TIME_WAIT perfmon counters

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I've built a small Windows Service which exposes perfmon counters to track sockets in TIME_WAIT state. It can be downloaded from the links later in this post.

Back in 2011 I was helping a client look for issues in their systems caused by having too many sockets in a TIME_WAIT state (see here for why this can be a problem). This was affecting their connectivity. Rather surprisingly there seemed to be no way to track the number of sockets in TIME_WAIT using perfmon as there didn't seem to be a counter exposed. A counter would have been useful so that we could track the TIME_WAIT; connections over time along with all of the other metrics that we track for their system. Anyway, I put together a quick and dirty tool for the client, this worked like a special version of netstat which totalled up the number of sockets in each state by polling the system using GetExtendedTcpTable() (see here).

At the time I suggested that it wouldn't take much to build a small service which did this polling and exposed the results as a perfmon counter so that we COULD track this metric in the usual way. Well, I've finally got around to doing that (thanks to the encouragement of another client who had a similar issue). The result is TCPStatsPerfCounters which is a service that you can install and which provides counters for all of the states in the TCP table for both IPv4 and IPv6; ESTABLISHED, TIME_WAIT, CLOSE_WAIT, etc. There's an x86 and and x64 build available and the services come as a single exe which automatically deploy and install the required counter dlls when you run them with /install.

  • Download the x86 version of TCPStatsPerfCounters from here.
  • Download the x64 version of TCPStatsPerfCounters from here.
Note that the x64 version will install an x86 and an x64 counter dll for maximum interoperability. The x86 version only installs an x86 counter dll and so will not integrate with perfmon on an x64 box. You should only use the x86 version on x86 machines.

Usage

  • Unzip. You will end up with either TCPStatsPerfCounters.exe or TCPStatsPerfCounters64.exe. All of the rest of the instructions apply equally to either version of the program.
  • Run TCPStatsPerfCounters.exe with the /? command line switch to see help.
  • Run TCPStatsPerfCounters.exe with the /install command line switch to install the service. You may be prompted to elevate your credentials if you are not an admin.
  • To run as a service, open the services applet and locate the "JetByte TCP Stats Perfmon Counters" service, start it and, optionally set its start-up type to automatic.
  • To run TCPStatsPerfCounters.exe as an exe rather than as a service you still need to have installed it as a service but you can run from the command line with the /run command line switch.
  • You can get TCPStatsPerfCounters.exe to produce a log file - this may be useful if you want to track socket states outside of perfmon. Either /install or /run with the additional /createLog command line switch. By default the log is created in the same directory as the exe, you can change this with the addition of the /logPath command line switch.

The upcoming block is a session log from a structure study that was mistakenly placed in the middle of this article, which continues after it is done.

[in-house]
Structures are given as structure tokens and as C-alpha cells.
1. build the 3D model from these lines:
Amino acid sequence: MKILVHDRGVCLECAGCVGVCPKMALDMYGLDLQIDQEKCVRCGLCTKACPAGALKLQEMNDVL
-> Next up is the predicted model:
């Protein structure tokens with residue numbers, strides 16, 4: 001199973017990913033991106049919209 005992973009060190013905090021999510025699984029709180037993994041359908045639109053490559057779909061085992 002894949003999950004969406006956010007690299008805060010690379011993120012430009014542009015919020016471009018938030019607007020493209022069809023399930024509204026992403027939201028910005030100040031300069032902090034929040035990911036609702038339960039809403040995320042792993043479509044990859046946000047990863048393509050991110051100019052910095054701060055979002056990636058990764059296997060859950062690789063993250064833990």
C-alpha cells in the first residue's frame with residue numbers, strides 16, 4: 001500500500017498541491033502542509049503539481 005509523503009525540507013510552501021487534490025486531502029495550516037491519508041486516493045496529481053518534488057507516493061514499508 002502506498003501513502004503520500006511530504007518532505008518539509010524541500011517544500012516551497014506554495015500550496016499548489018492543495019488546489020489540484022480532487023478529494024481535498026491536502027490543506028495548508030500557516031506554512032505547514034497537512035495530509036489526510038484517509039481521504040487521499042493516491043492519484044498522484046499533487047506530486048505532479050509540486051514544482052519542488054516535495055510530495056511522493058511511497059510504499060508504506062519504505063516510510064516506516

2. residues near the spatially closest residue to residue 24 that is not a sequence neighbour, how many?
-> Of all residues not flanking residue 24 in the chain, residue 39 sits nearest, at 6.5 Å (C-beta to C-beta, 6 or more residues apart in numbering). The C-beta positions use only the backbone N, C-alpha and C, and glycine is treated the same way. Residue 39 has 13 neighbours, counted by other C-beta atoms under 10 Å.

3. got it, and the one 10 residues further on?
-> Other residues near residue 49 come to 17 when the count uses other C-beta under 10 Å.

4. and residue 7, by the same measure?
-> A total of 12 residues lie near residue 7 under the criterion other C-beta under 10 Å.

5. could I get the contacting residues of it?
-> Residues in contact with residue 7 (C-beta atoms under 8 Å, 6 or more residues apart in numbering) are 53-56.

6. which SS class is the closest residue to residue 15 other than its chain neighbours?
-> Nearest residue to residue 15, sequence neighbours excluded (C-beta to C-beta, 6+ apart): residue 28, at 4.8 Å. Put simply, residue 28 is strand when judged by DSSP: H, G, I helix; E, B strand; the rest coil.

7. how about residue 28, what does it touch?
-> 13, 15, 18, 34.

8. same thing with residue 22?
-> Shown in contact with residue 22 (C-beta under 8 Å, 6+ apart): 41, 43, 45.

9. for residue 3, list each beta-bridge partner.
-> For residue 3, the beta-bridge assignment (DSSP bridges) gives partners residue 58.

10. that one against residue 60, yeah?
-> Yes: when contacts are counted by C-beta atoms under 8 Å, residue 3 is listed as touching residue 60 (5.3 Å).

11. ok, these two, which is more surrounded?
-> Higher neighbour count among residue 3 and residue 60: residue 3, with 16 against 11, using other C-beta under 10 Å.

• By default the program polls the system every second, you can change this by using the /poll command line switch (again supply this either with /install or /run. The polling interval is specified in seconds.

Counters

There are counters for all of the socket states for both IPv4 and IPv6. Sockets transition through some of the states very quickly and so you may not see many of the states. There are also maximum counters for TIME_WAIT which show the highest value seen. In addition there are counters for the MaxUserPort and TcpTimedWaitDelay registry keys. I found it useful to have these values clearly visible for situations where machines happened to be configured in an unusual way and nobody had thought to check the registry. These values are set once on program start up and will be zero if the registry key is not set and the operating system's default value is in operation.

4 Comments

Very good job. All counter work as well. Very good idea to display TcpTimedWaitDelay and MaxUserPort.
Just time_wait counter does not work. Still zero on. (win 2012)

Marino, are you saying that the TIME_WAIT counter does not display the current value on Windows 2012? If so, that's very strange as it works fine on my test machines (Win 8.1 and 2012)

Hi,
When the JetByte TCP Stats Perfmon Counters service is started, are the WAIT_TIME counters added to windows perfmon? If so, where is it? TCPv4/IPV4? I can see the log when running /createLog but where do I actually see counters?

Thanks

They appear under a new performance object called "JetByte TCP Stats Perfmon Counters service"

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